The latest people moves in tech:
Twitter's former security chief, Michael Coates, will be the CEO of a new security unit of Web3 platform CoinList.
Google Cloud vice president Oliver Parker will join Okta in May.
Cristina Cordova is First Round Capital's newest partner investing in seed stage companies.
Event invite: Join us on May 9 at 1 p.m. ET for a panel discussion on breaking into tech without experience and finally landing that six-figure salary. Register here.
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Curated by Jordan Parker Erb in New York. (Feedback or tips? Email email@example.com or tweet @jordanparkererb.) Edited by Michael Cogley in London.
Read the original article on Business Insider
OMAHA, Neb. (Reuters) -Warren Buffett's Berkshire Hathaway Inc will hold its annual shareholder meeting in person on Saturday for the first time since before the pandemic, but the extravaganza dubbed "Woodstock for Capitalists" is likely to see fewer people and pared-back events. Buffett, 91, chairman and chief executive officer of Berkshire, and Vice Chairman Charlie Munger, 98, will answer shareholder questions for roughly five hours when the meeting convenes in Omaha, Nebraska. Shareholders likely will address issues such as recent investments, a still-swollen cash pile, share buybacks, rising inflation and supply chain disruptions, and even whether someone other than Buffett should chair the company.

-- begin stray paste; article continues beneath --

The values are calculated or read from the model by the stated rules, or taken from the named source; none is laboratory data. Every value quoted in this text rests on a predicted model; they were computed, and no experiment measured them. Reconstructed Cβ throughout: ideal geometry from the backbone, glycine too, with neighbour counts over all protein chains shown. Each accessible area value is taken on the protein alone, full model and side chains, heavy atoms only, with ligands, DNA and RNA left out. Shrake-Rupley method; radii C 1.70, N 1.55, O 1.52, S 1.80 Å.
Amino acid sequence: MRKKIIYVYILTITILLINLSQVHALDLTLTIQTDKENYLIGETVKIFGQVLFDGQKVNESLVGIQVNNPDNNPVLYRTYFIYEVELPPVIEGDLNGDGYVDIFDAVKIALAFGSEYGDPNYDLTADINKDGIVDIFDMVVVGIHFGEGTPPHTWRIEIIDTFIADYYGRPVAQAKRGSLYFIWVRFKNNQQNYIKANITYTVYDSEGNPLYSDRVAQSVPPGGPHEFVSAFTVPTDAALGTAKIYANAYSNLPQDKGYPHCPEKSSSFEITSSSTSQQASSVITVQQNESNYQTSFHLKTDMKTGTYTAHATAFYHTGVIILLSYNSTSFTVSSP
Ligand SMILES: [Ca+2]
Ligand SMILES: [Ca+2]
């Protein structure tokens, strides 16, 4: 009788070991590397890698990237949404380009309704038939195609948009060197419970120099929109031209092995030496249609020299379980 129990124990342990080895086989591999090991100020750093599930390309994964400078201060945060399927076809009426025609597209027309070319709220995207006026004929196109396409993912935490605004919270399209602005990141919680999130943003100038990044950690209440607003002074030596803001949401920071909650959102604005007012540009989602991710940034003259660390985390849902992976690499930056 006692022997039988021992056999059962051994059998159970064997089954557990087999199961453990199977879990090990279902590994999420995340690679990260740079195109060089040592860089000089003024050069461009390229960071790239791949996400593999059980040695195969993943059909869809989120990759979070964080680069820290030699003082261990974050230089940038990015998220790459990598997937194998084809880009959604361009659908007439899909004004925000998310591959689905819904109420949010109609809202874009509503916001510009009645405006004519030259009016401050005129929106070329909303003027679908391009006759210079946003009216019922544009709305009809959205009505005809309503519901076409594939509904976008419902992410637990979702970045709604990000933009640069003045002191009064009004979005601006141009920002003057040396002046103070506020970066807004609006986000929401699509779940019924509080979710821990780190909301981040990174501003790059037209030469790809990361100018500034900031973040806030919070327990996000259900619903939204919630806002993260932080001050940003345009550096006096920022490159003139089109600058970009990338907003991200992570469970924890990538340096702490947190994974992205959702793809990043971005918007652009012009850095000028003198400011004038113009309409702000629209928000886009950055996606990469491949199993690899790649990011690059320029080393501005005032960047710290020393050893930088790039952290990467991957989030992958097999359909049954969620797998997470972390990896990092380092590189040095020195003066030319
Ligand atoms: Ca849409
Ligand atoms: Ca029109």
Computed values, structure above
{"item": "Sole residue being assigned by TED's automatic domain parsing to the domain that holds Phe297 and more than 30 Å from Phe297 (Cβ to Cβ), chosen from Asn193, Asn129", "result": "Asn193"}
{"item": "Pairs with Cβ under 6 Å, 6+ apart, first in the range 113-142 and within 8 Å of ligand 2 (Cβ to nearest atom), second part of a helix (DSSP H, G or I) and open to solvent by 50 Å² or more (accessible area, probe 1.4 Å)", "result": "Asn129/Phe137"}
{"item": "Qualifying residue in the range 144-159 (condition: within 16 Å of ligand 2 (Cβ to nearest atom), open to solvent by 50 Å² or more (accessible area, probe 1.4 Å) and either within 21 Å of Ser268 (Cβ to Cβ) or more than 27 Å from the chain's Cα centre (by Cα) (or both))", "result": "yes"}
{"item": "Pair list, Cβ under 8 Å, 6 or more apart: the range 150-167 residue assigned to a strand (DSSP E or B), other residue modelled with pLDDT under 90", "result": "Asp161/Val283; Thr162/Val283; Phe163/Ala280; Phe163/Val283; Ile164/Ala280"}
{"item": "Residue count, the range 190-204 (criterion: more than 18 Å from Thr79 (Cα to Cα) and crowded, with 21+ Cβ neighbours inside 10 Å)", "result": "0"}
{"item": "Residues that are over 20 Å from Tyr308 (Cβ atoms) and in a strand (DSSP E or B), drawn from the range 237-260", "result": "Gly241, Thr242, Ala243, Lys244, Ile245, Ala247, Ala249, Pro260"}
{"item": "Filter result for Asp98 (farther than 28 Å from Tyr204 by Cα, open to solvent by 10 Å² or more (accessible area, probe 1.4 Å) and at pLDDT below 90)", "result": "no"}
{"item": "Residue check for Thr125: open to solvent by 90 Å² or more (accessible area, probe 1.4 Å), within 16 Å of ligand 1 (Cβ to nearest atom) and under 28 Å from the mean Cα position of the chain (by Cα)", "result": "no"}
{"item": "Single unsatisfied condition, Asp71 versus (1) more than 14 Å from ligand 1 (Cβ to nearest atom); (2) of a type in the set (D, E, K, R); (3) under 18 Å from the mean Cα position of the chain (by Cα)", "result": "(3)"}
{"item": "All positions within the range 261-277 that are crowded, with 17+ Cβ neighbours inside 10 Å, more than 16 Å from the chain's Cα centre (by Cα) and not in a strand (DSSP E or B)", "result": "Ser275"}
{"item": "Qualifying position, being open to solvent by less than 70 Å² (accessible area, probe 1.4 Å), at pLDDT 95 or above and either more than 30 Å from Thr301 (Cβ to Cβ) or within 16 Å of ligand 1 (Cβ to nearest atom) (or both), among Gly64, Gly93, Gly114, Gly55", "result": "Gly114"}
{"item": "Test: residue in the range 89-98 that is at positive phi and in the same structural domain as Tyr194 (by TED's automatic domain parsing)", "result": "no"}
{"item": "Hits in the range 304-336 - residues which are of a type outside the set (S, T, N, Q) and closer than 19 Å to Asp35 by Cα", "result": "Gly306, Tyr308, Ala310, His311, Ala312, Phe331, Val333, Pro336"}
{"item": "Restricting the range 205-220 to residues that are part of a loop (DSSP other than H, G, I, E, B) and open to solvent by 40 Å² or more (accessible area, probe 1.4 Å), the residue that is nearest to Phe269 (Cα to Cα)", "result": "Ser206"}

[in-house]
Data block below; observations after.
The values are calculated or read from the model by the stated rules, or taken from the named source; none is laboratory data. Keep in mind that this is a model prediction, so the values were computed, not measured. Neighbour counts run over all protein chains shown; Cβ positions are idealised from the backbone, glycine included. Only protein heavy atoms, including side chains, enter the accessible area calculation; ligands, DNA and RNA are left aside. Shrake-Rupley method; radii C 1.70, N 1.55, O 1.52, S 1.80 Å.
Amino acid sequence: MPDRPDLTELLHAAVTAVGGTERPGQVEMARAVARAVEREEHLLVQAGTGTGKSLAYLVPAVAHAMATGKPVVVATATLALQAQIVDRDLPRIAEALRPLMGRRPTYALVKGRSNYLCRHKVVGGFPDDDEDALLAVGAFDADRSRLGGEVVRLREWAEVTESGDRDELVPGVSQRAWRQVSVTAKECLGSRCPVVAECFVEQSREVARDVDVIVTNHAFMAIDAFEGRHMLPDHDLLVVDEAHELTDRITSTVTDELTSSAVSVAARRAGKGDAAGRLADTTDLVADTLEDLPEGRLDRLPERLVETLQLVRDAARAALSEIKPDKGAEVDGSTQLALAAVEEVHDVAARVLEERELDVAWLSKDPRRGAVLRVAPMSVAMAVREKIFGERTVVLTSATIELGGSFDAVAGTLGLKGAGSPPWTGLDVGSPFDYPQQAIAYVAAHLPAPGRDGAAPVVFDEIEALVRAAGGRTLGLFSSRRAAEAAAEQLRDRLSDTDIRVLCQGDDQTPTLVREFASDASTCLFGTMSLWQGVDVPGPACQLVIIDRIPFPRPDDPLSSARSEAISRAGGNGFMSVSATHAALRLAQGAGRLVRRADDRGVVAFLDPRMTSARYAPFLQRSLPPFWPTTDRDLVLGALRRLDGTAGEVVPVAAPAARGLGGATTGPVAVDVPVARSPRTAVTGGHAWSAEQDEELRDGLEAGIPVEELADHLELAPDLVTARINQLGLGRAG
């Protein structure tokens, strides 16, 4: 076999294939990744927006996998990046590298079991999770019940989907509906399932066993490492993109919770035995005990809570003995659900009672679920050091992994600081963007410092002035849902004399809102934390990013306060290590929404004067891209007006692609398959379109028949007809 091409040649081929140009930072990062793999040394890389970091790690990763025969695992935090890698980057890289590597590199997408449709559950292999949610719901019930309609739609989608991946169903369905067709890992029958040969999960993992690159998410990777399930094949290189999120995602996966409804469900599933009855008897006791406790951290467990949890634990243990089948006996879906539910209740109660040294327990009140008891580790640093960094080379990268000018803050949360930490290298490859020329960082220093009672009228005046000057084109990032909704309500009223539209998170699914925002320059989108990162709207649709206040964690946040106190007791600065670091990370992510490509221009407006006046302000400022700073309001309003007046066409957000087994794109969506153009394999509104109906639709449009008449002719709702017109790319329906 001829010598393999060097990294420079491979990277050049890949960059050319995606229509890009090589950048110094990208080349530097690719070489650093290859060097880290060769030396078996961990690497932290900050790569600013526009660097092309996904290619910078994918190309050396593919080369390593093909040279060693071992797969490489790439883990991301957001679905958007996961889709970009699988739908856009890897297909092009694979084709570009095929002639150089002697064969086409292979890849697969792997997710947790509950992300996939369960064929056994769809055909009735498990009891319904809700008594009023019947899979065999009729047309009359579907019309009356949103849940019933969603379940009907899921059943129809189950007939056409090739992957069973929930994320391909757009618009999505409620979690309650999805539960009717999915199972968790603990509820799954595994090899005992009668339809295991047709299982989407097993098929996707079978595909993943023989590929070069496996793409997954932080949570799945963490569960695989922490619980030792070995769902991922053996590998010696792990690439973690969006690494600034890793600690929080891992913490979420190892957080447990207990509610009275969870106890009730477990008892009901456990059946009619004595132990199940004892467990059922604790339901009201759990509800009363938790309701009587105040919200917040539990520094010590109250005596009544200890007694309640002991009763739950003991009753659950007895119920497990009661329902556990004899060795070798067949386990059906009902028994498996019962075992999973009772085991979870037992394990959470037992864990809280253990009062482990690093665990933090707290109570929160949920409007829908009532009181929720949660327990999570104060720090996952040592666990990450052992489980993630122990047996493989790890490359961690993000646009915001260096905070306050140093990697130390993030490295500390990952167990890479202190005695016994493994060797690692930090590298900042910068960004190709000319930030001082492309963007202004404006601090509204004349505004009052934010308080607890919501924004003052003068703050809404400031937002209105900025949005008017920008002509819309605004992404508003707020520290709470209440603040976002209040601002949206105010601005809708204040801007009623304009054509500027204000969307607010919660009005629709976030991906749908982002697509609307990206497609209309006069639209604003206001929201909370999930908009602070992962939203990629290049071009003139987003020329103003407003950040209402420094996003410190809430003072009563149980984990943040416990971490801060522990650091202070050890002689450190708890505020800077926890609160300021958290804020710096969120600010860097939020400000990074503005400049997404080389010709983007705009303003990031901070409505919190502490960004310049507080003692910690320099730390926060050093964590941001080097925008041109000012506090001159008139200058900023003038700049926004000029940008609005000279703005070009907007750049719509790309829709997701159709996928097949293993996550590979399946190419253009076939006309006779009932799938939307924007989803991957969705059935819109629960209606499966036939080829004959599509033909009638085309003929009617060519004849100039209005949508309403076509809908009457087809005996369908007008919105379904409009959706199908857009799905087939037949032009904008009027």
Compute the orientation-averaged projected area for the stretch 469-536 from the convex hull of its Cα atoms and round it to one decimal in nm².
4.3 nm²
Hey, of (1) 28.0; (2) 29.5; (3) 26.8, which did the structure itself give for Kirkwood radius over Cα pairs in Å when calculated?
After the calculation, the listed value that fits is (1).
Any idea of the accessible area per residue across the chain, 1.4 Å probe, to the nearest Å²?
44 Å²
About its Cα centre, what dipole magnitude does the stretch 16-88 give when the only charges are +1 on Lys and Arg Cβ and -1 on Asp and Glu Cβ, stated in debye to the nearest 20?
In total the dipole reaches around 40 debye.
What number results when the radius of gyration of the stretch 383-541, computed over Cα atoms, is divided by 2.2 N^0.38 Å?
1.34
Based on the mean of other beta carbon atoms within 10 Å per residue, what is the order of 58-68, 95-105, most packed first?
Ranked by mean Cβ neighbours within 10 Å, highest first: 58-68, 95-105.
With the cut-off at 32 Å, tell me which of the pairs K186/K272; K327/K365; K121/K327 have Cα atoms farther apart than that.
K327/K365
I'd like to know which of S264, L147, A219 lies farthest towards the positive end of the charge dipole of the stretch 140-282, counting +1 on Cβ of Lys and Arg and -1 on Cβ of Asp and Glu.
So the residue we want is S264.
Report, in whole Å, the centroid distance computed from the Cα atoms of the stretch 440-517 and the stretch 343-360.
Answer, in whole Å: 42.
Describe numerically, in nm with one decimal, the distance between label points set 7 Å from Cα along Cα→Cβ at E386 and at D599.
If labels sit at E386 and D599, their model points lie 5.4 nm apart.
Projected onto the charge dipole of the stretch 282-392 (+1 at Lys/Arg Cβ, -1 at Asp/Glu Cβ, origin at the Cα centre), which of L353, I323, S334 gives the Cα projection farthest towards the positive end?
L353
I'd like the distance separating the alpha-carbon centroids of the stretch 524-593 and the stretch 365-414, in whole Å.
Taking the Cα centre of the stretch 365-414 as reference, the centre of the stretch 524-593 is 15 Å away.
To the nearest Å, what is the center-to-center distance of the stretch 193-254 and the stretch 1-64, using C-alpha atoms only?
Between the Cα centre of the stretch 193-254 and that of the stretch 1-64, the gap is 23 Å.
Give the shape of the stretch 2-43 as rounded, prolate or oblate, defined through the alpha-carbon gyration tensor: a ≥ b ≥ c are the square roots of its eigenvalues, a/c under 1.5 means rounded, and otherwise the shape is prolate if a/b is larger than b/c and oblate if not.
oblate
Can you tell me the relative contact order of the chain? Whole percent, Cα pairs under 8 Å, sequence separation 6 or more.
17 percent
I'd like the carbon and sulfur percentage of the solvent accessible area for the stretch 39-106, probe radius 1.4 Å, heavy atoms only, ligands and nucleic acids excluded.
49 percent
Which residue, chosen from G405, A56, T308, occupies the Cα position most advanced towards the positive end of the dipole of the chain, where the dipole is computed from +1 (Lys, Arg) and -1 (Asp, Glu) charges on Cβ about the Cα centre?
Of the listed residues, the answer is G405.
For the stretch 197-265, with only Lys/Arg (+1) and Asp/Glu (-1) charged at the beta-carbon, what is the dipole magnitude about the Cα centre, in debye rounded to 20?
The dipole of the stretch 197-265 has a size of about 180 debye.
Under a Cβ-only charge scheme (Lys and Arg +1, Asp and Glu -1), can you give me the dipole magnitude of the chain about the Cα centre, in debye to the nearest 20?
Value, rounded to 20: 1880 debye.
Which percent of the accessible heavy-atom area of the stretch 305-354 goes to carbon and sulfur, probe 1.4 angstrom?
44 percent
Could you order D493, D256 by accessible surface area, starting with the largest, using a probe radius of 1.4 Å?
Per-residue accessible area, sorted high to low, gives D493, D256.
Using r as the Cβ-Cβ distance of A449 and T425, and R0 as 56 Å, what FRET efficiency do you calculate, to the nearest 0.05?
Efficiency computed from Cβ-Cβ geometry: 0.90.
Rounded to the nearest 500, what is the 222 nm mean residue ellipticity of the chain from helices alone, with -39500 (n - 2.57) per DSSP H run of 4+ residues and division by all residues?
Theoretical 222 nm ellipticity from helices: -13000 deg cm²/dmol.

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STORY: Klitschko said Kyiv remained a target for Russian forces and there was risk of further attacks.Valera Turin, who was in a nearby building when the two blasts struck, said he locked himself in the bathroom of his office."The first one struck on that side, it was really loud, I thought it hit somewhere in my office. After about ten seconds the second one hit, here. I then realized this one was even closer," said the 30-year old.One woman wept as she took in the extent of damage wrought on the two buildings, as debris was being cleared from the street.The missile strike on Thursday (April 28) came as the head of the United Nations was visiting Kyiv. Ukrainian officials said two Russian missiles had struck the capital. Russia has not commented on the incident.
Elon Musk has lined up a new CEO for Twitter and told banks that agreed to help fund his $44 billion acquisition offer about his plans to monetize tweets, according to a new report from Reuters. A source told Reuters that Musk has decided on who he plans to appoint as the new chief executive of Twitter, but the source didn't name the person. Twitter's current CEO Parag Agrawal, who took the role after Jack Dorsey stepped down in November, is expected to remain as CEO until the deal is completed.
Stock sell-off comes just days after Twitter takeover announced
Investors in Donald Trump's social media venture may have reason to cheer, at least for the moment.
"I'm back!" he beams, weirdly adding: "#COVFEFE."
Open algorithms, user authentication, subscription privileges. Some of the billionaire’s prescriptions for Twitter seem easier said than done—or understood.
Twitter missed Q1 revenue estimates on stronger than expected user growth Thursday.
The world’s wealthiest person has been accused of ‘bullying’ Twitter’s senior executives.